multiplication in the number of financial institutions.
These banknotes were a form of representative money which could be converted int
o gold or silver by application at the bank. Since banks issued notes far in exc
ess of the gold and silver they kept on deposit, sudden loss of public confidenc
e in a bank could precipitate mass redemption of banknotes and result in ‘’bankruptc
y’’.
The use of bank notes issued by private commercial banks as legal tender has gra
dually been replaced by the issuance of bank notes authorized and controlled by
national governments. The Bank of England was granted sole rights to issue bankn
otes in England after 1694. In the USA, the Federal Reserve Bank was granted sim
ilar rights after its establishment in 1913. Until recently, these government-au
thorized currencies were forms of representative money, since they were partiall
y backed by gold or silver and were theoretically convertible into gold or silve
r.
[edit]Gold-backed banknotes
The term gold standard is often erroneously thought to refer to a currency where
notes were fully backed by and redeemable in an equivalent amount of gold. The
British pound was the strongest, most stable currency of the 19th Century and of
ten considered the closest equivalent to pure gold, yet at the height of the gol
d standard there was only sufficient gold in the British treasury to redeem a sm
all fraction of the currency then in circulation. In 1880, US government gold st
ock was equivalent in value to only 16% of currency and demand deposits in comme
rcial banks. By 1970, it was about 0.5%. The gold standard was only a system for
exchange of value between national currencies, never an agreement to redeem all
paper notes for gold. The classic gold standard prevailed during the period 188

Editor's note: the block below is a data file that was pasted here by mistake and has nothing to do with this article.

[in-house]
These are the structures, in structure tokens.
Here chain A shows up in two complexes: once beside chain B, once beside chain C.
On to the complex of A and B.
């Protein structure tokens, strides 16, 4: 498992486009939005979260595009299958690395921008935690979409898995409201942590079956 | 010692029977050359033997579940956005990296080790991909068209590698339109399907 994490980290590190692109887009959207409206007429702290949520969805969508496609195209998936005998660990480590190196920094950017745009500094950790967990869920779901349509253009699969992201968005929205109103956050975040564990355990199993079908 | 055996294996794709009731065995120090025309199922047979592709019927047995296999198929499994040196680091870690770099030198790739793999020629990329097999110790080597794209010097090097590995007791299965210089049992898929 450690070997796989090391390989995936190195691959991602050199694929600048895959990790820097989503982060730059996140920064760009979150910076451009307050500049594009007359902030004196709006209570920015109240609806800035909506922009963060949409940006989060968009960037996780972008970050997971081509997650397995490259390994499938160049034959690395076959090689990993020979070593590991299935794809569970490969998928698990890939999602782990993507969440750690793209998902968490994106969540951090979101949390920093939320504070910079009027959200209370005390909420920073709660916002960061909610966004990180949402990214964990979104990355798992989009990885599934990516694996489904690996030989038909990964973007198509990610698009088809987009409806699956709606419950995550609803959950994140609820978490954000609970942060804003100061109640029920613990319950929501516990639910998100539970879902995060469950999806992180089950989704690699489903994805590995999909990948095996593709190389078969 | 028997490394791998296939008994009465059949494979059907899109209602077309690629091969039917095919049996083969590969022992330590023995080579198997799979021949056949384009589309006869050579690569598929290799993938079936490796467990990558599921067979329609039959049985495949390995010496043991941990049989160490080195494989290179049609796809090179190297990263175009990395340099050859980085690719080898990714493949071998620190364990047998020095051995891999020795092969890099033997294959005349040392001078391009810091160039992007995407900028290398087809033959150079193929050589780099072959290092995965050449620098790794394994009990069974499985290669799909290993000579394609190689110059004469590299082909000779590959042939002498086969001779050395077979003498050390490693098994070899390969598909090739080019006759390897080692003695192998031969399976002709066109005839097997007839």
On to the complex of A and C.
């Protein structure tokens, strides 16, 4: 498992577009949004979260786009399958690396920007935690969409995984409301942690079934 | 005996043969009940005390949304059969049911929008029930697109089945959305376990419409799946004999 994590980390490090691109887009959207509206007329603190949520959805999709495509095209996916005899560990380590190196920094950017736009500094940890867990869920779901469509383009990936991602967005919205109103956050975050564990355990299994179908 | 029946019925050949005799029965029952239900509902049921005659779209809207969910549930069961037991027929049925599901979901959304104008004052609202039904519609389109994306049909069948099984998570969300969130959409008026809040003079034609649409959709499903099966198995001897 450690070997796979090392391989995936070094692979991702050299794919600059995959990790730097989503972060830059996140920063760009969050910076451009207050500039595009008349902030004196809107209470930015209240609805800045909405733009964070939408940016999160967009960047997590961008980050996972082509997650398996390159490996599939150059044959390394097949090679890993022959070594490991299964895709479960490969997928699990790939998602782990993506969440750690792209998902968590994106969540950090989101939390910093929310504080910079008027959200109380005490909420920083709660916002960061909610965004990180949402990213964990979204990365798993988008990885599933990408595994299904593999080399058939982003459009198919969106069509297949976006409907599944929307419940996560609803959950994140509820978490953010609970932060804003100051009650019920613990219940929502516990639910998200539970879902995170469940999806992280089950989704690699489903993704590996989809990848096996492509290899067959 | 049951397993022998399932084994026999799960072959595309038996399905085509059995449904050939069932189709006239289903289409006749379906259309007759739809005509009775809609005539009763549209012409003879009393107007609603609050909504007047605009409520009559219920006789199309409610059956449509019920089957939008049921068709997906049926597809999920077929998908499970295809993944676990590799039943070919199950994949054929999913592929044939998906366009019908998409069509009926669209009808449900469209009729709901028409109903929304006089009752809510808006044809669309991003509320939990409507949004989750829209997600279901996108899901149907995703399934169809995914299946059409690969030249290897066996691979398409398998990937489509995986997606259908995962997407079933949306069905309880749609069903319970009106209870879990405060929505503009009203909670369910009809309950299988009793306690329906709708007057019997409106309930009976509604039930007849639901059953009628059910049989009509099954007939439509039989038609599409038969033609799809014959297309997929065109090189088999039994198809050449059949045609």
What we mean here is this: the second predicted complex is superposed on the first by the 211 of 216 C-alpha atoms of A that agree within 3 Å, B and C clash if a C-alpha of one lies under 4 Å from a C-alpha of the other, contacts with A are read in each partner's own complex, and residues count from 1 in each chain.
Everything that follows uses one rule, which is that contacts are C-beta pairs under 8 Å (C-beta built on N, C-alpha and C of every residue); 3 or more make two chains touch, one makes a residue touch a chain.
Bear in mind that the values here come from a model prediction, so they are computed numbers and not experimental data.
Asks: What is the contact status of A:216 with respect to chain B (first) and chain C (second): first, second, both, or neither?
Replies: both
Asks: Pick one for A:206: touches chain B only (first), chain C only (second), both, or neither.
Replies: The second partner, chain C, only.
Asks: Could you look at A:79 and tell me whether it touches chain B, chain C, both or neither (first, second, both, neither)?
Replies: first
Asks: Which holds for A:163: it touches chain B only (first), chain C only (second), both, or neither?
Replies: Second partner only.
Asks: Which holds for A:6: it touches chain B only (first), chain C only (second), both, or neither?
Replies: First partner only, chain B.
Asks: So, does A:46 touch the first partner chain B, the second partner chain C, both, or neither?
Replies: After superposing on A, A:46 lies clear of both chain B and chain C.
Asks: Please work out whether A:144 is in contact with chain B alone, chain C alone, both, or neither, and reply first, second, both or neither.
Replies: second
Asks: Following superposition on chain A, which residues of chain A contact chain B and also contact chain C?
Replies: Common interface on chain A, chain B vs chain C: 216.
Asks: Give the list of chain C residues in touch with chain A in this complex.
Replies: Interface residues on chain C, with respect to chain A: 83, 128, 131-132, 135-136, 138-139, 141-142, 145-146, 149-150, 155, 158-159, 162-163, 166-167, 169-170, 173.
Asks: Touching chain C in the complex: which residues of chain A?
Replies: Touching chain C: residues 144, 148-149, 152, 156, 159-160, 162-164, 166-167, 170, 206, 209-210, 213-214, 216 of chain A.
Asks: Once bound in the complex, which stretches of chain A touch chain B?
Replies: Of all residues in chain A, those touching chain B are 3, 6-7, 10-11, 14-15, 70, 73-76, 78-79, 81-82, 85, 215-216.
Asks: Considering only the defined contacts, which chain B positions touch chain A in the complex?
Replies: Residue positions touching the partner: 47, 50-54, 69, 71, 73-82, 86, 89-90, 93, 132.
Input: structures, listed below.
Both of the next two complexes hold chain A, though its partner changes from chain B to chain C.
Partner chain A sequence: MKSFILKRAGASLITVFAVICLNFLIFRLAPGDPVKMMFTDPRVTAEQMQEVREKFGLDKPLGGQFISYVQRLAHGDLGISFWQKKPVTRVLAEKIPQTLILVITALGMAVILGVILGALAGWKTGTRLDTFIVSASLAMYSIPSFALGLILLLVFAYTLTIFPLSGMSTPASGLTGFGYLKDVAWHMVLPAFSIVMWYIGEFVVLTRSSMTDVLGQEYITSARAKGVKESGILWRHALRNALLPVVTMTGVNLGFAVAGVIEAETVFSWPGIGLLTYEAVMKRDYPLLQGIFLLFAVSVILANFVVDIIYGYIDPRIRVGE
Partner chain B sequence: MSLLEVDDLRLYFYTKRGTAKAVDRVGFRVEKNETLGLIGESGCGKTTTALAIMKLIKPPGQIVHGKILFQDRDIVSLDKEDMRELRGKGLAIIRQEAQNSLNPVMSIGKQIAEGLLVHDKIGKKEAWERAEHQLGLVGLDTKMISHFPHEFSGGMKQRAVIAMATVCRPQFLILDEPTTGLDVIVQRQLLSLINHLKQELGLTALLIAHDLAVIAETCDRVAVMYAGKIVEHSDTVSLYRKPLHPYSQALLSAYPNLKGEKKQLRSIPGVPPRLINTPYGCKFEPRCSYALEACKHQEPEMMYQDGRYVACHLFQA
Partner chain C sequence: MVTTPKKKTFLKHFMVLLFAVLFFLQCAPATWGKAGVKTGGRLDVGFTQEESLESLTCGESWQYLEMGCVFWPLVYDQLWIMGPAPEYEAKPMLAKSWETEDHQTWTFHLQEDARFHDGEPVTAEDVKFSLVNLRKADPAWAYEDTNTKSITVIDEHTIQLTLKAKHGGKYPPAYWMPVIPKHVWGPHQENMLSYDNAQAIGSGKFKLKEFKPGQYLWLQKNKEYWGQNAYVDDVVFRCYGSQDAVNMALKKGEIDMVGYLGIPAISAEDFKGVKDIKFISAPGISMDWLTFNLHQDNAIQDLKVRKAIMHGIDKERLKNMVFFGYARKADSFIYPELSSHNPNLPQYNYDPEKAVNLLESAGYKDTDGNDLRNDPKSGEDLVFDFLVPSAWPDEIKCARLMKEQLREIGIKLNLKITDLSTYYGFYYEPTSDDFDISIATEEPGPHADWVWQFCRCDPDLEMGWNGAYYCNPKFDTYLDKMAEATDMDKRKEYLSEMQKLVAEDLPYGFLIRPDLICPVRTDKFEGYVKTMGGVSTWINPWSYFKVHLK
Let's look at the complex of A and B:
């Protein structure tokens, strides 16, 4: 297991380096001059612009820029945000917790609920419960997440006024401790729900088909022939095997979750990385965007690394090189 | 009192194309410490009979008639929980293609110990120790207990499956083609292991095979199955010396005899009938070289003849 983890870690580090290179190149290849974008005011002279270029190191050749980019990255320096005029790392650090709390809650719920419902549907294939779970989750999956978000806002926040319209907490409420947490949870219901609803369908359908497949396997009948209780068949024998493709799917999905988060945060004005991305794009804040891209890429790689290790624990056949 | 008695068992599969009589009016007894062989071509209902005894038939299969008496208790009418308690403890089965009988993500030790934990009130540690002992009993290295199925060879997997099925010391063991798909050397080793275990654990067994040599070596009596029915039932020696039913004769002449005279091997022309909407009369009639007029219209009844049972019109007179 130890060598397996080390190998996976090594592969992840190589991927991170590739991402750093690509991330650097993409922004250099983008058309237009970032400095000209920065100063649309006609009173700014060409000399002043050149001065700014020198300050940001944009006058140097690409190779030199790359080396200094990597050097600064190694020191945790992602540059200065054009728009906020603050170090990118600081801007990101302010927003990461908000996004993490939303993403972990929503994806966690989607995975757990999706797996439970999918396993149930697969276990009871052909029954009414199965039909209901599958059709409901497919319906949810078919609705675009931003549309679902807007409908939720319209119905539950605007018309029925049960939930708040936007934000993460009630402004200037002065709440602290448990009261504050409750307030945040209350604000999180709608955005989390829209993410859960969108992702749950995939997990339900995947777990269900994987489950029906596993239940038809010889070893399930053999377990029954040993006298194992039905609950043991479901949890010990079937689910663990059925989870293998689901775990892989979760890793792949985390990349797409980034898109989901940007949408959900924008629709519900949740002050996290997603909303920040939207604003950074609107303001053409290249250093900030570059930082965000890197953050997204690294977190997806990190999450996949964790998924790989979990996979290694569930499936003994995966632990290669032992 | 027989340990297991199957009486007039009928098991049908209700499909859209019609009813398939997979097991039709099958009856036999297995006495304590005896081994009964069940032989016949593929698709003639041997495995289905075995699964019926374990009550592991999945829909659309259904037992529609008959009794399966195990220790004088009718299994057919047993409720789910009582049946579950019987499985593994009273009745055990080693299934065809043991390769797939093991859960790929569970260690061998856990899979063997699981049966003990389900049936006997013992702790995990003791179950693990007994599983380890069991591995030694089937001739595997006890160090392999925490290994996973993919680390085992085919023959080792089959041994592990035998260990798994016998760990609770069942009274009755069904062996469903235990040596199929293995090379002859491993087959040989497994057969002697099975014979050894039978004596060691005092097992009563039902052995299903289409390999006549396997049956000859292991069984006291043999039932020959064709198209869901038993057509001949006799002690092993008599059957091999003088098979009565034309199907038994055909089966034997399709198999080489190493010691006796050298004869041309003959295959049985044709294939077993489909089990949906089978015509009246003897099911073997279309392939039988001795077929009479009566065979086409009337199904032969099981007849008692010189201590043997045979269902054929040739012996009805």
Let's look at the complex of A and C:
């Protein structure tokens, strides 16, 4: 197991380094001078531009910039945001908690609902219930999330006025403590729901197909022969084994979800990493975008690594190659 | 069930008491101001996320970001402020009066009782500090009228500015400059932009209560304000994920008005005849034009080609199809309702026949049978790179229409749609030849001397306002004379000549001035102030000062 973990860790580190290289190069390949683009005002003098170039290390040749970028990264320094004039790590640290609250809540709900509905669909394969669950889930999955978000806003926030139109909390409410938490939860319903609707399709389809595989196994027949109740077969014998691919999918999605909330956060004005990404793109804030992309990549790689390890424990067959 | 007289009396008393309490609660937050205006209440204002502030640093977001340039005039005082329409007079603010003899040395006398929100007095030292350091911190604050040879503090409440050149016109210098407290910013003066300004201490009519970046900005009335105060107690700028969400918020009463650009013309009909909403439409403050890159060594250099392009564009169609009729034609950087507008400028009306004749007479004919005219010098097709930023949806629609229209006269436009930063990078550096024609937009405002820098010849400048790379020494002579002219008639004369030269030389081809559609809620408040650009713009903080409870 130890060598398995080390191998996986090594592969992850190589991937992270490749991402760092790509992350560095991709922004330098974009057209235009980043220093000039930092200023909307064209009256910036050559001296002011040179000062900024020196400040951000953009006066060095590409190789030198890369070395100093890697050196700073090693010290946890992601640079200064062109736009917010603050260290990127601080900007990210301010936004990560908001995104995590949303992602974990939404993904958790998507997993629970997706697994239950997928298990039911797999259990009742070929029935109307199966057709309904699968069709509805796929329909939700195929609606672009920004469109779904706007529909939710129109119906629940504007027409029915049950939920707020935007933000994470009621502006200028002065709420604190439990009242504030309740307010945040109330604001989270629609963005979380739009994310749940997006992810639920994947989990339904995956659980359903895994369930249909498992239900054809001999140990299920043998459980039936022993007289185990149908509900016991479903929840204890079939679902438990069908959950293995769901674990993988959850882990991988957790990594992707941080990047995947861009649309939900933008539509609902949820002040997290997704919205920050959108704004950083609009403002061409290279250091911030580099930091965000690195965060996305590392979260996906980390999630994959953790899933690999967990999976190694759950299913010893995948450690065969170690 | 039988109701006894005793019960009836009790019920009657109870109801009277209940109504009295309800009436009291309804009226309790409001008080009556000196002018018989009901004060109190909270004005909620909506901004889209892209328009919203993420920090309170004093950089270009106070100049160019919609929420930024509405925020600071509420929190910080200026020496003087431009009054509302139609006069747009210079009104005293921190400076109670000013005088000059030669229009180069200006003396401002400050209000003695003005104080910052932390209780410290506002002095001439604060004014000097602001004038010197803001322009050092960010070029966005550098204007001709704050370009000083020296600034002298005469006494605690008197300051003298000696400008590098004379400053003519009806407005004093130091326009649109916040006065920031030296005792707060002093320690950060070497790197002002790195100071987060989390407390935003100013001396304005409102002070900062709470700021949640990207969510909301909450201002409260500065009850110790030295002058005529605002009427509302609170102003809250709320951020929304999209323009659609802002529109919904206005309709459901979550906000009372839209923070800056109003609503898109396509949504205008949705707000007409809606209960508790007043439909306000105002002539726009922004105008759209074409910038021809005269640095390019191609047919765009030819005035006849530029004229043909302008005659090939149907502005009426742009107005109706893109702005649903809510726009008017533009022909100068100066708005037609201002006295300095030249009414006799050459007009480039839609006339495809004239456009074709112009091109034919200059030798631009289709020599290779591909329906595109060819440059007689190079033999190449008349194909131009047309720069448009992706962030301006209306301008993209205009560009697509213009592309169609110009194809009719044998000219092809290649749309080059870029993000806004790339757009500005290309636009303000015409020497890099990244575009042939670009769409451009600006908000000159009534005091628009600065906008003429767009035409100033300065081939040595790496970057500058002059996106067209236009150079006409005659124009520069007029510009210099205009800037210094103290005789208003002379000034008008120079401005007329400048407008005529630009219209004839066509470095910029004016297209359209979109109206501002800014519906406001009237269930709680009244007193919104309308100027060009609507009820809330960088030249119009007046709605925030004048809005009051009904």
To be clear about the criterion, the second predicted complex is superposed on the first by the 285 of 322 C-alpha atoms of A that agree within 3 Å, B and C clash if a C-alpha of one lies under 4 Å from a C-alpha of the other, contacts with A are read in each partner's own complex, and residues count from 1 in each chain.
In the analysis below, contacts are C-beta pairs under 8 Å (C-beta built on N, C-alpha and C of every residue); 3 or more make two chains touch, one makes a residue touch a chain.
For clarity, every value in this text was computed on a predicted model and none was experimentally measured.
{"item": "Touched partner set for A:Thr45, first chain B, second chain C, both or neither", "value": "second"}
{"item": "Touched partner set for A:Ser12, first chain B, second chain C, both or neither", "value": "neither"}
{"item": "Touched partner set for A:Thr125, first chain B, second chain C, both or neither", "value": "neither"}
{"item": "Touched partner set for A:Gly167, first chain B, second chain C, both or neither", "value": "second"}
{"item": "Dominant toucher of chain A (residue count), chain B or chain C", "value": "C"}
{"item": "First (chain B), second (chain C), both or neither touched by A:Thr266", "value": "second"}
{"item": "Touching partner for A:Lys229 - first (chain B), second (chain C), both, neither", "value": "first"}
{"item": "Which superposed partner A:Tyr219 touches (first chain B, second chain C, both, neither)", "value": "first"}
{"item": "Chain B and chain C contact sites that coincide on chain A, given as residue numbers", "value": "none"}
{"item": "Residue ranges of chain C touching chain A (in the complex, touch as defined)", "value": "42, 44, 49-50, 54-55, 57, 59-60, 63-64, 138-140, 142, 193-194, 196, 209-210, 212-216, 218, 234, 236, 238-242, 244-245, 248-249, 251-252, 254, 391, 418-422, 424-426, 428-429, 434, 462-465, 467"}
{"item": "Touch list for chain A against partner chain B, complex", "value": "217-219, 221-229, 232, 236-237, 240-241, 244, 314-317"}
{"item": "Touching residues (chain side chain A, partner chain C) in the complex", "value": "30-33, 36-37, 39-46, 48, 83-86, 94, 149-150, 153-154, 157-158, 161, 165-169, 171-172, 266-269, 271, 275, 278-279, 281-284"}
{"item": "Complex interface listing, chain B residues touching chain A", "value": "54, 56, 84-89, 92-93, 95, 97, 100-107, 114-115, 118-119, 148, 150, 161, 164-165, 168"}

0 and 1913 when a core of leading trading nations agreed to adhere to a fixed go
ld price and continuous convertibility for their currencies. Gold was used to se
ttle accounts between these nations. With the outbreak of World War I, Britain w
as forced to abandon the gold standard even for their international transactions
. Other nations quickly followed suit. After a brief attempt to revive the gold
standard during the 1920s, it was finally abandoned by Britain and other leading
nations during the Great Depression.
Prior to the abolition of the gold standard, the following words were printed on
the face of every US dollar: "I promise to pay the bearer on demand, the sum of
one dollar" followed by the signature of the US Secretary of the Treasury. Othe
r denominations carried similar pledges proportionate to the face value of each
note. The currencies of other nations bore similar promises too. In earlier time
s this promise signified that a bearer could redeem currency notes for their equ
ivalent value in gold or silver. The US adopted a silver standard in 1785, meani
ng that the value of the US dollar represented a certain equivalent weight in si
lver and could be redeemed in silver coins. But even at its inception, the US Go
vernment was not required to maintain silver reserves sufficient to redeem all t
he notes that it issued. Through much of the 20th Century until 1971, the US dol